Pressure ulcer disease represents a significant medical problem both nationally and internationally. Approximately 1.7 million people in the United States develop these maladies at an annual cost of between $2.2 billion and $3.6 billion.1 With the population aging, assisted living and nursing facilities flourishing and obesity creating catastrophic increases in diabetes and other diseases, it is likely the number of ulcerations will continue to increase. The pressure ulcer is an area of localized damage to the skin and underlying tissue caused by pressure, sheer, friction and/or a combination of these conditions. These lesions were initially characterized as unfortunate sequella of seriously ill patients; however, they often take on a “life of their own,” leaving catastrophe in their wakes.2 Pressure wounds are often predicated on multiple medical diagnoses, age, impaired mobility and decreased mental status. Poor nutritional status, incontinence and impaired circulation are also important indicators. Particularly vulnerable groups include patients with spinal cord injuries, diabetes and patients who have had orthopedic surgery. You should give additional consideration to ICU patients and elderly patients, especially those suffering from dementia, malnutrition, a history of previous ulcerations, low ejection fractions and incontinence.4 The heel is particularly prone to pressure ulcer defects, in part because of its relatively lower resting blood perfusion levels, higher amounts of surface pressure when under stress, and the possibility of compromised local blood flow if the patient has lower extremity arterial disease.5 Depths range from persistent reddened or blue areas of intact skin to very deep destructive wounds with significant tissue loss. Wound bed appearance may vary. Extensive necrotic tissue with significant undermining and tunneling is common. Lesions in the sacrum or coccyx areas may appear as inverted cones with the apex at the skin surface. Underlying bone may be affected and exudates may vary. Well-defined wounds frequently conform to the underlying bone and therefore appear irregularly shaped. You’ll usually see this phenomenon in the large truncal areas. The surrounding skin is usually dry. Maceration secondary to incontinence or excessive perspiration may be an issue in sacral or coccyx areas. Infected ulcers may exhibit periwound erythema and edema. Drainage may be prevalent and copious. The degree of pain varies. Key Tips On Nutritional Testing Healing is predicated on eliminating or reducing pressure, shear and friction, and implementing appropriate skin care.6 Nutritional protocols are important and you should monitor them carefully. Albumin and pre-albumin studies are useful in assessing protein deficiencies. Serum albumin is often used as a basic screening measure for malnutrition. However, because of its relatively long half-life of 18 days, it reflects long-term change and is not a sensitive marker of current nutritional status. Hydration and age affect this test as well. A value of less than 3.5 g/dL is generally indicative of poor nutritional status.7 The pre-albumin has a shorter half-life of two to three days, responds to changes in nutrient balance within seven days and can be performed regularly.8 Indeed, this blood study represents a better indicator of nutritional status. You can monitor dietary interventions and change them accordingly. Studies including serum transferrin and total lymphocyte counts (TLC) may also be of benefit. Order a nutritional consult if you suspect deficiencies. Pinpointing Areas Of Emphasis In Treatment Treatment options include meticulous nursing care (i.e. turning patients every two hours, appropriately lubricating the skin), nutrition and hydration, mobility, pain management and meticulous wound care, including medical and surgical interventions. Educating both the patient and family is critical and should be an ongoing effort.9 With all of this in mind, let’s take a closer look at four challenging case studies involving difficult heel ulcers. Case Study One A 79-year-old Caucasian male presented with a non-healing wound of three months duration at the medial aspect of the left heel. He had surgery on his left knee and subsequently developed this ulcer. Primarily wheelchair-bound, the patient had limited ambulation. He experienced occasional rest pain in his heel and was offloading the area with pillows. His past medical history was remarkable for myocardial infarction, transient ischemic attack, CVA, hypertension, anemia and diabetes with neuropathy. He exhibited a moderate nutritional risk. A physical examination revealed an afebrile male in no acute distress. He was oriented well to time and space. He had weakly palpable pedal pulses bilaterally. The hand-held Doppler exam revealed a biphasic left dorsalis pedis pulse and a right monophasic dorsalis pedis. The patient had sparse hair distribution and his skin was dry, atrophic and cool to the touch. We noted varicosities and pitting edema at +1 over +4 in both legs and +3 over +4 in both ankles. His deep tendon reflexes were symmetrical and had diminished vibratory and sharp/dull sensation. The Semmes- Weinstein was greater than 5.07. The patient complained of numbness and tingling consistent with diabetic neuropathy. The dermatological exam revealed a wound at the left heel measuring 20mm by 41mm by 1mm. Epithelialization was less than 100 percent with the functional assessment rating of 1. The wound showed necrosis and marked fibrin deposition. There was fluctuance and the periwound tissue was necrotic. There was periwound hyperemia with no active cellulites; however, we had concerns that the patient was not mounting a physiological response. Due to the wound’s chronicity, we suspected underlying osteomyelitis. What Is The Diagnosis? Possible differential diagnoses included: • ulceration of the posterior aspect of the left heel (probably related to pressure); • peripheral vascular disease; • diabetes mellitus with neuropathy; • possible osteomyelitis; or • multiple medical problems. How To Treat Patient One We topically anesthetized the wound with a 4% lidocaine topical solution and debrided it free of skin and subcutaneous tissue. We proceeded to take cultures and sensitivity studies. We emphasized a topical wound dressing, consisting of a mixture of Bactroban ointment and Accuzyme twice daily. In addition, we ordered a L’Nard splint that the patient could use in the wheelchair and in bed. We ordered serum albumin and pre-albumin levels to determine the possibility of underlying protein malnutrition. To guage the possibility of underlying osteomyelitis, we ordered X-rays of the left heel and a Ceretec scan. Finally, we ordered an arterial Doppler and scheduled the patient for weekly visits. The X-rays and Ceretec scans were negative for osteomyelitis. In this case, we procured cultures because it was possible the patient was not mounting a physiological response to infection. However, if a wound does not appear to be clinically infected, we usually will not obtain cultures. The arterial lower extremity Doppler did show diminished perfusion. However, it was the opinion of the vascular consultant that the patient had adequate collateralization. We continued weekly debridements with sharp dissection as well as offloading. We followed the patient’s pre-albumin on a regular basis and found it normal throughout his treatment course. At week 10, we applied an Apligraf skin construct and continued offloading protocols, hydration and appropriate nursing care. At week 16, the patient was completely healed. Treatment Discussion Points It is imperative to do a complete history and physical examination prior to treatment. Meticulous wound management, including sharp wound debridements (if feasible), is imperative. We obtained appropriate consultation with a vascular surgeon to confirm the patient’s relative healing potential. We mixed an antibiotic ointment with an enzymatic agent because, in some cases when debridement occurs, senescent cells separate from the underlying wound bed, potentially increasing the bioburden. Once tissue exfoliation had occurred (after approximately two weeks), we discontinued the enzymatic debriding agent and topical antibiotic mixture in favor of a hydrogel to create a moist wound healing environment. We continued offloading throughout the entire treatment course and utilized the Apligraf skin construct when beefy red granulation was evident. This modality further augmented the healing process by bathing the tissue with growth factors and stimulating granulation tissue. Case Study Two A 72-year-old Caucasian male presented with a wound of approximately three months duration at the posterior aspect of the right heel. The patient described his pain as severe. He had a course of intravenous vancomycin for five weeks through a Groshong catheter. A recent triple phase bone scan (TPBS) was negative for osteomyelitis. A vascular surgeon was evaluating and following up on the patient on a regular basis. The patient’s past medical history was significant for a longstanding, 30-year history of insulin-dependent diabetes mellitus (IDDM), hypertension, hypothyroidism and prostate disease. A nutritional profile (including pre-albumin) of the patient was within normal limits. The vascular examination revealed non-palpable dorsalis pedis and posterior tibial and popliteal pulses bilaterally. The patient also had delayed capillary refill. He had no hair distribution below the knee. His skin texture was dry, his varicosities were present and he had pitting edema at +3 over +4. The patient had a negative Homan’s sign. We noted no intermittent claudication. In regard to the patient’s neurological exam, he had symmetrical deep tendon reflexes. While his vibratory and sharp/dull sensation was intact, his Semmes Weinstein was greater than 5.07. The wound itself was 54 mm x 25 mm x 1 mm, had no undermining and was primarily filled with fibrin. There was very scant pink granulation tissue and slight periwound hyperemia. We observed no malodor and noted only serous drainage. We probed the wound to bone. Osteomyelitis of the heel was still of concern despite a negative TPBS. What Is The Diagnosis? Possible differential diagnoses included: • recalcitrant non-healing wound of the posterior aspect of the right heel with history of infection; • possible osteomyelitis; • peripheral vascular disease with ischemia; or • diabetes mellitus with neuropathy. How To Treat Patient Two Iinitially, we used the 4% lidocaine topical and then debrided skin and subcutaneous tissue with sharp dissection. We procured a culture and sensitivity and instituted Santyl ointment enzymatic debridements once a day. We ordered a repeat TPBS as well as a Ceretec scan. The “probe to bone” test is usually 85 percent accurate for diagnosing osteomyelitis. We also ordered an arterial Doppler. The patient had an L’Nard splint but had difficulty ambulating with it, so we placed him in a Reverse IPOS heel relief shoe. The patient wore a foam cradle boot in bed and in his wheelchair. Antibiotic therapy was managed by infectious diseases physicians, who provided us with reports and the patient’s vascular surgeon did the same. The TPBS was negative, yet the Ceretec scan was positive. To ensure appropriate protein nutrition, we obtained nutritional counseling and ordered pre-albumin studies once a week. We treated the patient for almost 56 weeks. He had initially refused vascular surgical intervention but his pain escalated and we discussed amputation as an alternative. The patient ultimately consented to a distal bypass surgery. Subsequently, we performed debridements of soft tissue and bone. The patient eventually underwent a partial calcanectomy with temporary coverage utilizing cadaveric skin allograft. We used vacuum-assisted closure (VAC) therapy for almost 12 weeks and ultimately applied Apligraf coverage. The patient continued offloading and we monitored his nutrition meticulously. The patient ultimately achieved complete wound closure. Treatment Discussion Points This patient required protracted treatment and the collaboration of several specialists and auxiliary personnel. He first needed a distal vascular bypass surgery to profuse the limb. Be aware that TPBS may be inaccurate in diabetic patients with vascular disease because it is blood flow dependent. The Ceretec scan is less blood flow dependent and more specific for detecting osteomyelitis. You may use both tests in tandem. Dual peak imaging may give us better anatomical perspective. In addition, we used VAC therapy for 12 weeks. This form of therapy involves negative pressure, which stimulates granulation tissue, contraction and wound closure. The patient also had several operating room debridements, culminating in a calcanectomy with temporary coverage with a cadaveric allograft. This allograft prevents the bone from desiccating and decreases pain. Ultimately, the patient did develop granulation tissue to cover all bone and tendon and we applied Apligraf. With meticulous offloading, nutritional support and follow-up, the patient’s wound subsequently healed. However, without these measures, he would have probably required a major amputation. Case Study Three An 80-year-old, Caucasian female presented with a pressure ulceration of three weeks duration to the left heel. She had been confined to a nursing facility subsequent to a fall. The wound began as a blister but then became necrotic and exceedingly more painful. Her past medical history was significant for hypertension and venous insufficiency. The patient had no allergies. The physical examination revealed a somewhat confused patient in no acute distress. (She went to her first visit with her son.) She was afebrile, had stable vital signs and her blood pressure was 155/81. The vascular exam revealed non-palpable pedal pulses in the affected extremity. The patient was complaining of rest pain and had intermittent claudication. The patient’s skin was dry and atrophic, she had torturous varicosities and brawny edema with lipodermatosclerosis and hemosiderosis. She had a negative Homan’s sign. In regard to her neurological exam, the patient had symmetical deep tendon reflexes. Her vibratory sensations were intact and the Semmes-Weinstein was 5.07. As far as the wound itself, there was periwound erythema and it was palpably tender. There was some streaking up the lateral ankle area. An orthopedic evaluation did not reveal any exposed bone but we had concerns about the possibility of underlying osteomyelitis. What Is The Diagnosis? Possible differential diagnoses included: • pressure ulcer with necrosis at the posterior aspect of the left heel; • ischemic peripheral vascular disease; • cellulitis; • possible osteomyelitis; and/or • venous insufficiency. How To Treat Patient Three We immediately hospitalized the patient and sought vascular and infectious disease consults. An MRI of the affected heel did reveal osteomyelitis. We placed the patient empirically on Zosyn 3.375 q6h. We emphasized offloading protocols with a foam waffle boot and low air mattress. Nursing care included turning the patient q2h and keeping the skin well lubricated. In this case, because the wound was totally necrotic, we began painting with one-quarter strength Betadine paint. In addition, we monitored hydration and nutrition carefully. On several occasions, we performed pre-albumin studies, which were within normal limits. The patient ultimately underwent a distal bypass surgery and this essentially eradicated her rest pain and perfused the affected limb. After the vascular surgery, the patient experienced an increase in cellulitic symptoms. However, this is not an uncommon scenario after you’ve re-established appropriate blood flow. The wound became fluctuant and required operating room debridement. We totally excised the wound, removed any soft infected bone and applied a cadaveric allograft. The patient’s postoperative course was excellent and she was subsequently discharged. Postoperatively, we emphasized daily application of a hydrogel wound dressing and used a L’Nard splint for offloading. The patient ultimately developed beefy red and firm granulation tissue. Subsequently, we applied a split-thickness skin graft. The patient was discharged from active wound care with appropriate orthopedic footwear, including a Sach heel. Treatment Discussion Points Initially, we did not debride this patient’s wound because it was necrotic and dry. Although Betadine is clearly cytotoxic and should not be used full strength on open wounds, literature does support acceptable use to decrease the bioburden in a necrotic dry wound scenario. Be aware that when the wound lacks fluctuance and possesses a stable eschar, it is probably not appropriate to perform extensive debridements. When the wound became fluctuant and we had removed the eschar via debridement, we used a hydrogel to produce a moist healing environment. The patient needed hospitalization and vascular and infectious diseases consults. The patient subsequently had a distal bypass surgery. We took the patient to the operating room for multiple debridements, culminating in a partial calcanectomy. We also used cadaveric skin allograft to decrease pain, prevent desiccation and create a lattice to potentate granulation tissue. Ultimately, we applied a split-thickness skin graft to accomplish healing. Case Study Four An 80-year-old, Hispanic female presented with an ulceration of three months duration at the posterior aspect of the left heel. The patient’s medical history was remarkable for long-standing IDDM, hypertension, peripheral vascular disease and renal failure. A nutritional screen revealed a low nutritional risk. The physical examination revealed an afebrile patient who had vital signs that were within normal limits. The vascular examination revealed palpable pedal pulses bilaterally and a delayed capillary refill. The patient had sparse hair distribution as well as dry and atrophic skin. She had torturous varicosities, brawny edema and a negative Homan’s sign. I did have concerns about the possibility of underlying osteomyelitis. The dermatological exam revealed a fluctuant necrotic ulcer at the posterior aspect of the left heel with ascending cellulitis. Her neurological evaluation revealed no deep tendon reflexes. She also had dimimished vibratory and sharp/dull sensations, and the Semmes-Weinstein was greater than 5.07. What Is The Diagnosis? Possible differential diagnoses included: • decubitis/pressure ulcer on the posterior aspect of left heel with diabetic neuropathy; • cellulitis; and/or • possible osteomyelitis. How To Treat Patient Four The MRI was positive for osteomyelitis of the left heel. We performed several debridements and excised necrotic infected tissue and bone. We applied cadaveric allograft and utilized VAC therapy for approximately 20 weeks. The patient had several other hospital admissions for hypertensive crisis and diabetic coma. Subsequently, we performed Apligraf therapy and continued VAC therapy. The wound ultimately healed. However, the patient subsequently had a myocardial infarction and succumbed. Treatment Discussion Points We performed surgery on several occasions to excise infected tissue and bone. We also found that VAC therapy and cadaveric allograft were very useful. Again, we utilized Apligraf to augment granulation tissue and foster an appropriate healing environment. In this case, we continued VAC therapy after applying Apligraf and found it very useful in accelerated healing. Initially, we used a setting of 125 mm of mercury. However, after Apligraf placement, we employed a setting of 75 mm of mercury. In Conclusion Pressure ulcer disease represents a major health problem both in this country and internationally. The previous case studies outline several etiologies for this illness and various treatment protocols. Keep in mind that the treatments outlined here represent only a portion of the modalities you can utilize for these wounds. It is essential to have an appreciation for the potential seriousness of these seemingly innocuous wounds, particularly in light of comorbid diseases and peripheral vascular disease. Dr. Snyder is the Director of the Wound Healing Center at University Hospital in Tamarac, FL. He is a Diplomate of the American Board of Podiatric Surgery and the American Academy of Wound Management. Ms. Perrigo is a Registered Nurse with an expertise in wound healing and management.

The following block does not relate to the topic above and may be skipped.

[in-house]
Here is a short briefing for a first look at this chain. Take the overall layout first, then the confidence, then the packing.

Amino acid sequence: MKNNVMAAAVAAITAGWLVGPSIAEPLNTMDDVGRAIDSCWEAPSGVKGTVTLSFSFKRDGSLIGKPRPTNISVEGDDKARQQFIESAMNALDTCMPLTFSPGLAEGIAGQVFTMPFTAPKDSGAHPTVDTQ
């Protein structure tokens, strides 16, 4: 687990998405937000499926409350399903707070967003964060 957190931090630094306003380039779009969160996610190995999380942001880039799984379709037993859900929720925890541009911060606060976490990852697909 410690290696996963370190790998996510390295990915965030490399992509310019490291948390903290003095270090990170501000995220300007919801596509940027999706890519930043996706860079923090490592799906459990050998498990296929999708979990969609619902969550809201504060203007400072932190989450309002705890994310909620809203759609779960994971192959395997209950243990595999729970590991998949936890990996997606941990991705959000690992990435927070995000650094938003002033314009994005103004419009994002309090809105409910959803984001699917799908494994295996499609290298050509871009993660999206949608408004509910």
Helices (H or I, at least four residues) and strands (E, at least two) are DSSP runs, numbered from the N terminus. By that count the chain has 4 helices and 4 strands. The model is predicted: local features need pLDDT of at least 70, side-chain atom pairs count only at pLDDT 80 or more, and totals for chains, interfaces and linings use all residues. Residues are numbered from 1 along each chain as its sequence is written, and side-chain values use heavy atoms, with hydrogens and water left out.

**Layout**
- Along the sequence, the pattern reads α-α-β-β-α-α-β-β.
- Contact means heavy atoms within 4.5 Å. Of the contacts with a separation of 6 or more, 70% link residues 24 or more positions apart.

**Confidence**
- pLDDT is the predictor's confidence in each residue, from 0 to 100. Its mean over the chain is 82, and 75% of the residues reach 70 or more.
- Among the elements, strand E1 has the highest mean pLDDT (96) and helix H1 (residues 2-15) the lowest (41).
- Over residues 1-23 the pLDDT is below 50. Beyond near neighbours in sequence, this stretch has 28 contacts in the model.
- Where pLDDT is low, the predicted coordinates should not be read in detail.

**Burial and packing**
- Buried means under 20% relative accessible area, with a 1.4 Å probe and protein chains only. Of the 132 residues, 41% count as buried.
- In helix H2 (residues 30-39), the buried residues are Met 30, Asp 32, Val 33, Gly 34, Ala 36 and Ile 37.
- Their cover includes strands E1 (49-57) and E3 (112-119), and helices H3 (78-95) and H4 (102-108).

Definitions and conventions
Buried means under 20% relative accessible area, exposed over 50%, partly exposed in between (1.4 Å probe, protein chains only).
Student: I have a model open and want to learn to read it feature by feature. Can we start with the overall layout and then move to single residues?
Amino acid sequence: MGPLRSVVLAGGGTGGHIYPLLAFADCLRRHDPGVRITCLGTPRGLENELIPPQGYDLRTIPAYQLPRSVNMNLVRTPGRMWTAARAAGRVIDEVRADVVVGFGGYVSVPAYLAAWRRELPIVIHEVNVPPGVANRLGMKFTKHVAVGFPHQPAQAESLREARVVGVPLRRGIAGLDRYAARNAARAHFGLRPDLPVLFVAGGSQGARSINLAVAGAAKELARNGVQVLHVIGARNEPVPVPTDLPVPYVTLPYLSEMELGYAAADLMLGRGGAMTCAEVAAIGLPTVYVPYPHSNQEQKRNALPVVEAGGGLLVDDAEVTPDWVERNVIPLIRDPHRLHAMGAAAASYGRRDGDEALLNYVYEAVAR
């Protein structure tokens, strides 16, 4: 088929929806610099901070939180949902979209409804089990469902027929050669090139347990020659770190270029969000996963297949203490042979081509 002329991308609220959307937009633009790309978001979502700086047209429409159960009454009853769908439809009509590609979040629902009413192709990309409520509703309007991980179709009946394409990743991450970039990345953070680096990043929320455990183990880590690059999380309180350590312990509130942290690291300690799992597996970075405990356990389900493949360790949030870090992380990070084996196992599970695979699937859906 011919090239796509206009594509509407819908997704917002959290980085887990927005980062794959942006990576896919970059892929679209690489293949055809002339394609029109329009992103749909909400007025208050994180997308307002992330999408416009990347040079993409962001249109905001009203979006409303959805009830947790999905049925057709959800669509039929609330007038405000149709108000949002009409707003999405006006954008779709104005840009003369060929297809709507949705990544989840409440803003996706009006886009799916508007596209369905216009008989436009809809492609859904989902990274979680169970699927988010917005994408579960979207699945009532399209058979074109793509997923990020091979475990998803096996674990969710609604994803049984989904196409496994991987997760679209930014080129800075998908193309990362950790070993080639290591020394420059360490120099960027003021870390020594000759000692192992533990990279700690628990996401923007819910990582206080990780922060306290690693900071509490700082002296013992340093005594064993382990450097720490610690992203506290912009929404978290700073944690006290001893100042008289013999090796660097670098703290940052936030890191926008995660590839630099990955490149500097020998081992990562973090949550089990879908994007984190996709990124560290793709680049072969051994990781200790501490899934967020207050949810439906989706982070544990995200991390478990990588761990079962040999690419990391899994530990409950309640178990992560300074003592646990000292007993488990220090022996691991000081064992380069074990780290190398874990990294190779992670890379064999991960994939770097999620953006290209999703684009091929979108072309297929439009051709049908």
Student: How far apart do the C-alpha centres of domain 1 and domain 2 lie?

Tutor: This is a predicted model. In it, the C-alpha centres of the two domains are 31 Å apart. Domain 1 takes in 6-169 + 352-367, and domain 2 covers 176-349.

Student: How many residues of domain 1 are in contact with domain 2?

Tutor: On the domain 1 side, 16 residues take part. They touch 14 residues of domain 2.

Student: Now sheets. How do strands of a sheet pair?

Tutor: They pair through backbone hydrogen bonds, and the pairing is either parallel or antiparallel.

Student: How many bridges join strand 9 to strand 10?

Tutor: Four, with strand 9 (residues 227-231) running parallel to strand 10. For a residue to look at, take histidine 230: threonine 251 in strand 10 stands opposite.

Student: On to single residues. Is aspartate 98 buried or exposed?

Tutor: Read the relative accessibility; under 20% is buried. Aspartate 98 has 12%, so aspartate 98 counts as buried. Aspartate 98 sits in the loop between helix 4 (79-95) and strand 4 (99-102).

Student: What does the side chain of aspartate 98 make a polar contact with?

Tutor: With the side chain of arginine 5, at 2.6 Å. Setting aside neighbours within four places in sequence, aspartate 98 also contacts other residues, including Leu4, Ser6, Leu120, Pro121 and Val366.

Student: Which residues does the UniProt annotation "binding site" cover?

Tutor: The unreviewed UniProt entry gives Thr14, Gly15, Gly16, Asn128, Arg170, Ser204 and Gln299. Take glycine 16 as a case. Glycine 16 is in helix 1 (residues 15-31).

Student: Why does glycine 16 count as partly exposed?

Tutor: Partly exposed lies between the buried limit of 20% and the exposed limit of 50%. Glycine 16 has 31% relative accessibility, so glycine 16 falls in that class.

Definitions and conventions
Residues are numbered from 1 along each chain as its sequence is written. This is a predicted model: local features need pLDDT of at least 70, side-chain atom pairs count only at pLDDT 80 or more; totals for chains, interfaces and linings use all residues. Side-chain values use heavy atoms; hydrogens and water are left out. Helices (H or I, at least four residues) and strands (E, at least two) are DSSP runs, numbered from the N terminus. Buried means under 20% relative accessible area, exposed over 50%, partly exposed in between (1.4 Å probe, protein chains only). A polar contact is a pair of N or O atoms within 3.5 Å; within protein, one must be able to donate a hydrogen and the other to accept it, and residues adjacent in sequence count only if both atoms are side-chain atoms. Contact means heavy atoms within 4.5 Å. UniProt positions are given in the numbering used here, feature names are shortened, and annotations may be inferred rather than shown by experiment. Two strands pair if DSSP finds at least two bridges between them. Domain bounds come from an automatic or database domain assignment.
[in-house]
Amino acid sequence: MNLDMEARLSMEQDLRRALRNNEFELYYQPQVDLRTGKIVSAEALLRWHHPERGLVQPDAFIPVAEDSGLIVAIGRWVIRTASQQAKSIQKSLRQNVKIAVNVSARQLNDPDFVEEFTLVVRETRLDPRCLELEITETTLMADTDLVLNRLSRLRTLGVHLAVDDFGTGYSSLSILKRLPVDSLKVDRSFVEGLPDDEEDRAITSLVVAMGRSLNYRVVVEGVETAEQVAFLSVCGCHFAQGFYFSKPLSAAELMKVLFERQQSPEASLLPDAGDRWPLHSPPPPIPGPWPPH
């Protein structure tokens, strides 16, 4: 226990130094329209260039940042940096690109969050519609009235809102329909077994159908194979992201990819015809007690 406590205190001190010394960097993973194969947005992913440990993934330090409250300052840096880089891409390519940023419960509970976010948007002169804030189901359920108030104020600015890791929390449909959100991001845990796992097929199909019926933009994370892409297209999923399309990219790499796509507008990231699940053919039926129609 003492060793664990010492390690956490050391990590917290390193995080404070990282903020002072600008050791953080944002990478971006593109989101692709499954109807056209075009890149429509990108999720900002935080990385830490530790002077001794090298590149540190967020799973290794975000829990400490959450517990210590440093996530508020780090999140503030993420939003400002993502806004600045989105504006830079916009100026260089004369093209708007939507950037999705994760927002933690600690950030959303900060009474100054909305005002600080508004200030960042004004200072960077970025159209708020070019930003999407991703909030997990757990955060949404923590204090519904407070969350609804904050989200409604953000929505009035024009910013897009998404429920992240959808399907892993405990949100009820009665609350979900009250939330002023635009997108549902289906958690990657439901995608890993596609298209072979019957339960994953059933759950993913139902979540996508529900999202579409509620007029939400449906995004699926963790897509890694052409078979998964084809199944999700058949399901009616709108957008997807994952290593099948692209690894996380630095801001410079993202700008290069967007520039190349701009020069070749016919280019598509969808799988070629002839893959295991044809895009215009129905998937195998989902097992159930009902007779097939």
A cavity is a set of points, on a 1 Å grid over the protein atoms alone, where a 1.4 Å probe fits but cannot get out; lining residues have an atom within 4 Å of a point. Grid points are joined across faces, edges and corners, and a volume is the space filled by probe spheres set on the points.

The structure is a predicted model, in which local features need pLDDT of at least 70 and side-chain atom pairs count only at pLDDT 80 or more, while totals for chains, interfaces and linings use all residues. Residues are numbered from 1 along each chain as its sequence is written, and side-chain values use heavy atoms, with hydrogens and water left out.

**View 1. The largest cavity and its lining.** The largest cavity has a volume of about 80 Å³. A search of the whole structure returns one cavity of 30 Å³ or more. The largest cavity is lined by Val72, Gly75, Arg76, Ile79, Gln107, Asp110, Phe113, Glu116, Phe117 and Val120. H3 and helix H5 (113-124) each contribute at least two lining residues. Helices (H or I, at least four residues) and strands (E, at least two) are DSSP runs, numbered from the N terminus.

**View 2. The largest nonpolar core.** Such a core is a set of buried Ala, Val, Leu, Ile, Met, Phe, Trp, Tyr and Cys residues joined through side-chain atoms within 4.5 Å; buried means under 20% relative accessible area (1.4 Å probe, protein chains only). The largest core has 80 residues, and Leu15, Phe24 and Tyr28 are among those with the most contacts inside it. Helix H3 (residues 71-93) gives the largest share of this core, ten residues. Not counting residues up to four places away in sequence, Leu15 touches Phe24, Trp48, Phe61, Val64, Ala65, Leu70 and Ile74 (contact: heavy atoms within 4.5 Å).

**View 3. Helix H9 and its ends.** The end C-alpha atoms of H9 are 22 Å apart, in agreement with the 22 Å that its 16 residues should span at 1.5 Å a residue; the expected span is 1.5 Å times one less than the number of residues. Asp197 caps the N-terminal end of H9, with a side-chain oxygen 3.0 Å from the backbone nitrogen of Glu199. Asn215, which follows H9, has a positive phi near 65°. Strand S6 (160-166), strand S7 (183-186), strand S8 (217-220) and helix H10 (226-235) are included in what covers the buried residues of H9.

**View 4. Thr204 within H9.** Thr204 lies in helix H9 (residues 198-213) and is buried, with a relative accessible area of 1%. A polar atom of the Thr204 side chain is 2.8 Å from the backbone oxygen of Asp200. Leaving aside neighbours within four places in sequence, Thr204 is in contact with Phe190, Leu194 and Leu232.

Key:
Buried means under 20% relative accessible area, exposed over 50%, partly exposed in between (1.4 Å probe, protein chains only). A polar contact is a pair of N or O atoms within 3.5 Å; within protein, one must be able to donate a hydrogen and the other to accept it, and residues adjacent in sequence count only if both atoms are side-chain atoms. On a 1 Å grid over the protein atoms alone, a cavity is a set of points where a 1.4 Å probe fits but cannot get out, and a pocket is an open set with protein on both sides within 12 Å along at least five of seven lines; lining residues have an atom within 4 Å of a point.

References 1. Beckrich K, Aronoritch SA. Hospital Acquired Pressure Ulcers: A comparison of Costs in Medical Versus Surgical Patients. Advancements in Wound Care. 1998: 11 (Supplement): 3. 2. Weir D. Pressure Ulcers: Assessment Classification in Management. Krasner DL, Rodeheaber GT, Sibbald R. (Editors) Chronic Wound Care: A Clinical Source Book of Healthcare Professionals, Third Edition. Wayne, PA: HMP Communications 2001: 619-627. 3. Bergstrom N, Bennett MA. Carlson CE, et. al. Clinical Practice Guideline Number 15: treatment of Pressure Ulcers. Rockville, Maryland, U.S. Department of Health and Human Services. Agency for Healthcare Policy and Research; 1994. AHCPR Publication 95-0653. 4. Calianno C. Assessing and preventing pressure ulcers. Advances in Skin and Wound Care. September/October 2000; 13(5): 244-246. 5. Mayrovitz HN, Sims N. Effects of Different Cyclic Pressurization and Relief Patterns on Heels, Skin, Blood Profusion. Advances in Skin and Wound Care. July-August 2002: 15 (4): 158-164. 6. Wound Characteristics by Type (Clip and Save) Advances in Skin and Wound Care: The Journal for Prevention and Healing. Jan-Feb 2000; 13 (1): Page 40. 7. Lewis B. Nutrition and wound healing: From: Wound Healing Alternatives in Management, Kloth L, McCulloch JM, eds. 3rd Edition, F.A. Davis Company, Philadelphia, PA. 2002: 35-67. 8. Lipkin EW, et. al. Assessment of nutritional status: the clinician’s perspective. Clinic Lab Med1993; 13: 329. 9. Weir D. Pressure Ulcers: Assessment Classification in Management. Krasner DL, Rodeheaber GT, Sibbald RG (Editors). Chronic Wound Care: A Clinical Source Book of Healthcare Professional, Third Edition. Wayne, PA: HMP Communications 2001: 619-627